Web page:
Posts tagged: 2013 Idaho Legislature
HB 206aa, the charter school facilities funding bill, has passed the House as amended in the Senate, sending the measure to the governor's desk. There was bipartisan opposition; the bill passed on a 40-27 vote, with those dissenting including Majority Leader Mike Moyle R-Star. The measure grants charter schools a per-student allocation from the state budget to cover a portion of their building costs each year; unlike regular school districts, they can't ask voters to raise their own property taxes to fund school buildings, which is the major way that Idaho funds schoolhouses. Under the bill, the per-student allocation would go only to brick-and-mortar, as opposed to “virtual” or online charter schools; but the virtual charters could get state reimbursement for 50 percent of their documented building expenses, for expenses like offices or testing center. The cost of the bill next year is estimated at $1.4 million; it would rise through a formula in future years.
The House also voted 45-22 in favor of the Senate-amended version of HB 221aa, the charter school governance overhaul bill. The Senate amended the bill to remove a clause that would have let 501c3 nonprofit corporations set up state-funded charter schools; the bill now adds only private and public colleges or universities as charter school authorizers. That measure, too, now goes to the governor's desk.
The final action considered by the Joint Finance-Appropriations Committee this afternoon is a new bill to transfer any unanticipated surplus in the state budget in excess of $20 million at the end of fiscal year 2013 into the budget stabilization fund, the state’s main savings account. The fund would otherwise have a balance of $49.7 million on that date, June 30, 2013. It was approved on a unanimous vote.
There was little discussion on the bill, which was requested by Gov. Butch Otter. “We didn't see anything wrong with doing it,” said Senate Finance Chairman Dean Cameron, R-Rupert. “We think it's optimistic.”
There was no objection to the intent language attached to the public school budget in the Joint Finance-Appropriations Committee this afternoon, so it was adopted by unanimous consent. That leaves the new public school budget pretty much the same as the Senate-defeated one, with the difference being that it leaves out items that have been incorporated into SB 1199, and instead references that legislation. Overall, schools would get a 2.2 percent increase next year in state general funds.
The motion for the children’s programs division in the school budget passed unanimously in JFAC this afternoon, on a 20-0 vote. Then, the motion for the division of facilities passed on a 16-4 vote, the same as earlier motions, with Sens. Mortimer, Nuxoll, Vick and Bayer objecting. The final motion, from Rep. Steve Miller for the Division of Educational Services for the Deaf & Blind, passed unanimously.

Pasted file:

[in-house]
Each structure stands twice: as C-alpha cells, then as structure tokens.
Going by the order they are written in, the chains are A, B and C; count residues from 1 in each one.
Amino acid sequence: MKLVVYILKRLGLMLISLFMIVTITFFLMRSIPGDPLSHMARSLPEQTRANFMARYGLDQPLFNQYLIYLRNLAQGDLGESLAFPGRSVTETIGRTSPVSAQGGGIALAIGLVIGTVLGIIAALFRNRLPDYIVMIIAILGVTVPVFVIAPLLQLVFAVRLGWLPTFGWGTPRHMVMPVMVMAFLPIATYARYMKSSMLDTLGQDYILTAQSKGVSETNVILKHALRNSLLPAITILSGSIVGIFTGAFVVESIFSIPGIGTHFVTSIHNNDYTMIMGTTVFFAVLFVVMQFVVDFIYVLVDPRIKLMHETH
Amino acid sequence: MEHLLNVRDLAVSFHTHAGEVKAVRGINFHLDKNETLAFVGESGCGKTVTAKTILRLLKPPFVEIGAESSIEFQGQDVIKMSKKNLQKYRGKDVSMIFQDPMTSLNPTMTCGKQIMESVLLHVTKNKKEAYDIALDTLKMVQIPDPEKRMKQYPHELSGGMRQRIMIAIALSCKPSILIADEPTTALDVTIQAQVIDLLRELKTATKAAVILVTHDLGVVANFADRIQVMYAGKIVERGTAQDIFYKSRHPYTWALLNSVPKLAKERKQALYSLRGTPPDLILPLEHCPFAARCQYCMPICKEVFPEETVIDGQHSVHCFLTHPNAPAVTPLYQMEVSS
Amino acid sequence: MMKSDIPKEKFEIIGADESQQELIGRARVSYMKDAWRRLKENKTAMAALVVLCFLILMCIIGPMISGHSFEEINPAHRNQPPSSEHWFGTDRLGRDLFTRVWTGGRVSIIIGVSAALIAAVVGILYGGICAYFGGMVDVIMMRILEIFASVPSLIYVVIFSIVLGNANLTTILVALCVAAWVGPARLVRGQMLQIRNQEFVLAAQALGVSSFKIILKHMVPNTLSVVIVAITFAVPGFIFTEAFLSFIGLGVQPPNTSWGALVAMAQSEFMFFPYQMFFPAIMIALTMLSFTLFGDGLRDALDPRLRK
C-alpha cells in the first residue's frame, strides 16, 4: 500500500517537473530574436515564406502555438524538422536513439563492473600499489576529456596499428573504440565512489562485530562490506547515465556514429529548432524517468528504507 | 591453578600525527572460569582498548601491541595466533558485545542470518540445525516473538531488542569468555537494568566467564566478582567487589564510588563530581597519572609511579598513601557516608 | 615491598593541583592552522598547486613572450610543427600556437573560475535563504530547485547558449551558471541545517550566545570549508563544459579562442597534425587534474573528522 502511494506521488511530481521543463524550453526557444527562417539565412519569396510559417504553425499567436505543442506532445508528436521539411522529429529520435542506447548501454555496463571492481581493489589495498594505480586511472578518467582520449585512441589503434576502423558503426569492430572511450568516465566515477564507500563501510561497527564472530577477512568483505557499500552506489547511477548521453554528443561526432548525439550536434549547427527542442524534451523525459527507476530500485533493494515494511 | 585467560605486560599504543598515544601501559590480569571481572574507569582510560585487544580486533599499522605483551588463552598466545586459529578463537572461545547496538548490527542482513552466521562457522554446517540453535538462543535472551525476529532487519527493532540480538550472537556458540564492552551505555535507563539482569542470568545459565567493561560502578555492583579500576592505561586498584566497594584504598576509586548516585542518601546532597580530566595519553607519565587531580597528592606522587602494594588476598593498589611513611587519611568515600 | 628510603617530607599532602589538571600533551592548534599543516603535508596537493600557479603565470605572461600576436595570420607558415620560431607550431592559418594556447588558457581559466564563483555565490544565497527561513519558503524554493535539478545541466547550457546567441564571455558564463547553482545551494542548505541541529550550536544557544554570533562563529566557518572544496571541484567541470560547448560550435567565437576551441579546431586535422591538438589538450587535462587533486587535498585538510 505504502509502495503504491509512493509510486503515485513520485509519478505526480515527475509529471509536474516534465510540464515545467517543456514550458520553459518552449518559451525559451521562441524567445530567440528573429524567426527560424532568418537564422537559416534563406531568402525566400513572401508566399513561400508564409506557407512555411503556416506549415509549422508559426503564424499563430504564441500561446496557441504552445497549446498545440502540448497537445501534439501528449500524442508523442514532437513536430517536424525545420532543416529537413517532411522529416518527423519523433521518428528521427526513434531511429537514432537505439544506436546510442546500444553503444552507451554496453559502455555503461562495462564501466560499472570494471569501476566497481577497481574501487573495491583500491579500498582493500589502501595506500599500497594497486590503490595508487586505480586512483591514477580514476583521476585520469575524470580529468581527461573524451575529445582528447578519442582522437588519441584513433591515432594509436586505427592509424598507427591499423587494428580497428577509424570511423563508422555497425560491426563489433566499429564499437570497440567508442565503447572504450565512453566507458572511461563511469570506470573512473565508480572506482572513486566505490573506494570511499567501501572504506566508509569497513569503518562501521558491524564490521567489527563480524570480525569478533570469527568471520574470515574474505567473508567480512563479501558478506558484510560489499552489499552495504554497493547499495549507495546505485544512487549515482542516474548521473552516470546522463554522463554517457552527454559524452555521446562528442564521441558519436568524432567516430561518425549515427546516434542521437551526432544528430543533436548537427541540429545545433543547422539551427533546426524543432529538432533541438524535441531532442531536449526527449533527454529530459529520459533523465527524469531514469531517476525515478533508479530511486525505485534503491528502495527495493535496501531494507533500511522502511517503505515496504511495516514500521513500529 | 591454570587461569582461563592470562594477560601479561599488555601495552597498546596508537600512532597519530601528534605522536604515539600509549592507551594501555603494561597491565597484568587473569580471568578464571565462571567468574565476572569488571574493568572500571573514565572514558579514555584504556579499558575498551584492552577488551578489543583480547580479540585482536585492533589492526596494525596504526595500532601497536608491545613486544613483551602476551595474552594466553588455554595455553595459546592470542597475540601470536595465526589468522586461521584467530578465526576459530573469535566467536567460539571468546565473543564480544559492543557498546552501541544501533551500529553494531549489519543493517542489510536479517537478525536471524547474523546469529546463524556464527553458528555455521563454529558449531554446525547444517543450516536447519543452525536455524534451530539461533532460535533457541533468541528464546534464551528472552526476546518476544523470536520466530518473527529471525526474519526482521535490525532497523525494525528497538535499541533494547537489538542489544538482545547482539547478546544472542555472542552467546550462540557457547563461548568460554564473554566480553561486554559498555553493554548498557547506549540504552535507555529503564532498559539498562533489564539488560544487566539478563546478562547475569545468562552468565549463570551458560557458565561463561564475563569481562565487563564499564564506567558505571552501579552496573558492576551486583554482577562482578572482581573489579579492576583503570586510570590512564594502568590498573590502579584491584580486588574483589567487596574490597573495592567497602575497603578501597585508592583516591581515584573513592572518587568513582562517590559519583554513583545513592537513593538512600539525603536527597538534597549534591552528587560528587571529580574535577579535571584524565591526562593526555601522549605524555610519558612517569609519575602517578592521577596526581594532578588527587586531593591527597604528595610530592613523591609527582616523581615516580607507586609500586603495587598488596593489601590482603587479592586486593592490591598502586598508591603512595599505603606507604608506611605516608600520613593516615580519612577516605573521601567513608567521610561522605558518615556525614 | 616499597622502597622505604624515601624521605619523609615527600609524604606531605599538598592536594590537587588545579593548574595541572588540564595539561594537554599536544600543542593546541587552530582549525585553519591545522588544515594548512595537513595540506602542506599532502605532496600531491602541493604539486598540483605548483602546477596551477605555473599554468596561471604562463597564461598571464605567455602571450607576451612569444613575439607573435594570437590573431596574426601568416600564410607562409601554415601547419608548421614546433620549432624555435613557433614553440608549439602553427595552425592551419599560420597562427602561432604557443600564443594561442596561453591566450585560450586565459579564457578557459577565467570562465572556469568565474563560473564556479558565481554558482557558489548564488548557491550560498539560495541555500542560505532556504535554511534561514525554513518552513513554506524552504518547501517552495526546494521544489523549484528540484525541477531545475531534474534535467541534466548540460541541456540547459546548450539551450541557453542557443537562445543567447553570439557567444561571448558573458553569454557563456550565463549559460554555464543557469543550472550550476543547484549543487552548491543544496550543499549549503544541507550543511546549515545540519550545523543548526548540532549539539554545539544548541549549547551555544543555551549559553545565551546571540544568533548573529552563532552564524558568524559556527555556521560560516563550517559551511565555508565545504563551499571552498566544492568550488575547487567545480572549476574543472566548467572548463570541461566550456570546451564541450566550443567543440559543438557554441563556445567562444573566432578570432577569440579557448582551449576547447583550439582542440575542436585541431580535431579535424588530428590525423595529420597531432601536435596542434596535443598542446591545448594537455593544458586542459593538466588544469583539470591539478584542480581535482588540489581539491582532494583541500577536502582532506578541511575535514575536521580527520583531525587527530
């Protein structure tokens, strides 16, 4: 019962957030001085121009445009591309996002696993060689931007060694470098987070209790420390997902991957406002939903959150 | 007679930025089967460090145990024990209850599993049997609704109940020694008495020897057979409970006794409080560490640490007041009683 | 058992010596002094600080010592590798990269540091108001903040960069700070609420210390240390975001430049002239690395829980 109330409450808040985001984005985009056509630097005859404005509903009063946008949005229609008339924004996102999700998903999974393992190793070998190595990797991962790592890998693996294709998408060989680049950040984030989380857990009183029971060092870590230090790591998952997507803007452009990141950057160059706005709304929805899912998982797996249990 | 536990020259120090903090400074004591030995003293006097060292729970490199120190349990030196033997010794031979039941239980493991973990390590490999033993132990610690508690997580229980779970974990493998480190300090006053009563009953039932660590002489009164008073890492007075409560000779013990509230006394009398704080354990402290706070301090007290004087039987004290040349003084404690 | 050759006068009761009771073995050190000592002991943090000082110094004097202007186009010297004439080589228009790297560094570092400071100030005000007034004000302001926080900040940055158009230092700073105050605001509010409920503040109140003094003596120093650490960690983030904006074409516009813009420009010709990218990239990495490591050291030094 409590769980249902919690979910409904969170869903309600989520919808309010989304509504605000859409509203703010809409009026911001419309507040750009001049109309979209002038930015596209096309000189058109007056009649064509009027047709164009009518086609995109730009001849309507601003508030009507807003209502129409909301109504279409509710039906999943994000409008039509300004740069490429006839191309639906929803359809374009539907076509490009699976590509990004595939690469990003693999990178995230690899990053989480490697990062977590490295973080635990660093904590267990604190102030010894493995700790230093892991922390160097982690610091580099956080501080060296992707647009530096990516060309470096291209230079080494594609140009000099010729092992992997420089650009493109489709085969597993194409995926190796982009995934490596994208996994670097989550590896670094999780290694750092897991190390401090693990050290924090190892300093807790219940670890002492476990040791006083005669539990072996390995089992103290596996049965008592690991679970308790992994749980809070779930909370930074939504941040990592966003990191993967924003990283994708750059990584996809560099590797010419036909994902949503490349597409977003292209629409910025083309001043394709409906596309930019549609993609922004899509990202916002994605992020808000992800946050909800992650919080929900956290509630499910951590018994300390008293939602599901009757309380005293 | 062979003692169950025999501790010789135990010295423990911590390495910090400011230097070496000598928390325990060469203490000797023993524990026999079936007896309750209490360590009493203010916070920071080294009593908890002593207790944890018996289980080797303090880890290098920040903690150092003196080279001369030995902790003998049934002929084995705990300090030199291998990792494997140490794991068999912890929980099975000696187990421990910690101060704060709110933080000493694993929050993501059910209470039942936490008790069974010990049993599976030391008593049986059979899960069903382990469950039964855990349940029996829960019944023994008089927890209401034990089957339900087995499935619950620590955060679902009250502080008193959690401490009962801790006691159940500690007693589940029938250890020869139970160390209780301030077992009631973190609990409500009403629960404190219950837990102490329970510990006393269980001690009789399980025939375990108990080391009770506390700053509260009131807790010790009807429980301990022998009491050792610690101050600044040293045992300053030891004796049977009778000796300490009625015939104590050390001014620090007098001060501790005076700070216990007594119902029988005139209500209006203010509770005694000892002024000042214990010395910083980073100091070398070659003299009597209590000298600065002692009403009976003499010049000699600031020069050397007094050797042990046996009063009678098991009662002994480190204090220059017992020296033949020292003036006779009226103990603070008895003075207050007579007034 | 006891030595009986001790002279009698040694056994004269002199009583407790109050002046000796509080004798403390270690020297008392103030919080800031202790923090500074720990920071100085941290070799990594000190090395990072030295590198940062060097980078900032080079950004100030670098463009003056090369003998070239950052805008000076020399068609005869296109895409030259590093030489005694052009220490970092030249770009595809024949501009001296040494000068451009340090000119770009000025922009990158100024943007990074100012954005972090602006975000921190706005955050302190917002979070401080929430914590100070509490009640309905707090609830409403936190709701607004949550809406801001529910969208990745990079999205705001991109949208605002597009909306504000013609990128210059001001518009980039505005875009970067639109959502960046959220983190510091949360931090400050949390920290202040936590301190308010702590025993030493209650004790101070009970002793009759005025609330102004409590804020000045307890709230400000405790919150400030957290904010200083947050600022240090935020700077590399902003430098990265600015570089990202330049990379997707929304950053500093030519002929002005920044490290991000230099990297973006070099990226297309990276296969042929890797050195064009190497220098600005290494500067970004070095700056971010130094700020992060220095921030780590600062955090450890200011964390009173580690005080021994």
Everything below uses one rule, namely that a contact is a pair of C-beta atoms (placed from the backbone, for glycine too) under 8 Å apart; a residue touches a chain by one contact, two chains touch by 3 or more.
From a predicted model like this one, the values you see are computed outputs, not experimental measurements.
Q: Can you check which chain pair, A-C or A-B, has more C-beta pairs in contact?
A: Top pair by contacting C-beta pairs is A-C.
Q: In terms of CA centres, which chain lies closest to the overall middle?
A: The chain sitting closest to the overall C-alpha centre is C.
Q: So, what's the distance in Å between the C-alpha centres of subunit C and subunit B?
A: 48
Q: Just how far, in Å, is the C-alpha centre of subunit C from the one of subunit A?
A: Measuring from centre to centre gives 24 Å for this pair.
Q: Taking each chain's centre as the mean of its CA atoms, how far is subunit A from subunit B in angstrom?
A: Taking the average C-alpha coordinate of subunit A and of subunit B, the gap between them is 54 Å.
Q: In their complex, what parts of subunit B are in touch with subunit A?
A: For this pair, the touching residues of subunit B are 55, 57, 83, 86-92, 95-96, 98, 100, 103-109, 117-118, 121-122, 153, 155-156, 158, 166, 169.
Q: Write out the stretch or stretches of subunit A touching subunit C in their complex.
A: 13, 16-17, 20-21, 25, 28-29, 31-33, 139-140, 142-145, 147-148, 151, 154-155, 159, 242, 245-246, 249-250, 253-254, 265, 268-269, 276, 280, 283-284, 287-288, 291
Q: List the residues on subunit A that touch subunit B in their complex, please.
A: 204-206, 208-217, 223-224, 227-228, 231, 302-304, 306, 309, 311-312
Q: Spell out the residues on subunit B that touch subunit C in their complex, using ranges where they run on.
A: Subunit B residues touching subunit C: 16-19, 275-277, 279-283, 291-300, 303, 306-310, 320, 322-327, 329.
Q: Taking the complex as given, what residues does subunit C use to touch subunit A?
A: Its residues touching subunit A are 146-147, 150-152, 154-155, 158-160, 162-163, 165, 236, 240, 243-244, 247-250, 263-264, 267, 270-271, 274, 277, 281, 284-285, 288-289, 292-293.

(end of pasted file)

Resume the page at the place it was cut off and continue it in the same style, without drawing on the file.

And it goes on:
That wraps up the public school budget-setting, resulting in a new budget that's identical to the previously approved, Senate-rejected one, but for two differences: The two items of intent language that were removed and instead refer to SB 1199, and breaking the technology funds from a single $13.4 million line item into two items, at $3 million and $10.4 million. The joint committee is now looking at the intent language that is tied to the various motions.
There's an unaccustomed, bright light shining down into the JFAC chamber from the skylights above; that's because the committee usually meets in the early morning, but today it's the afternoon sun that's filtering in.
The second and third motions on the public school budget, for the divisions of teachers and operations, have passed by identical 16-4 votes, the same as the first motion, with just Sens. Mortimer, Nuxoll, Vick and Bayer objecting.
The budget motions appear to be building toward a total budget for public schools next year of $1.308 billion in state general funds, $1.6 billion in total funds, identical to the earlier defeated school budget, HB 323. That’s a 2.2 percent increase in general funds, and 2 percent overall.
At the start of the meeting, budget analyst Paul Headlee explained that the joint committee is exempt from Joint Rule 9 of the Senate and House preventing the exact same numbers from appearing in the new budget bill. There is a change from before, however: Two sections of intent language are missing, instead referring to SB 1199, the new bill that passed the Senate and won backing from the House Education Committee earlier today, regarding teacher merit bonuses and technology pilot project grants.
The first motion of the six in the public school budget, for administration, has passed JFAC on a 16-4 vote, with just Sens. Dean Mortimer, Sheryl Nuxoll, Steve Vick and Cliff Bayer objecting. That’s one more vote than the original school budget, HB 323, got in the joint committee earlier before being defeated by one vote in the Senate; this time around, Sen. Steven Thayn, R-Emmett, voted in favor. “The motion is straightforward, and pretty close to the original motion,” said Rep. Jeff Thompson, R-Idaho Falls, who made the successful motion; it was seconded by Senate Finance Chairman Dean Cameron, R-Rupert.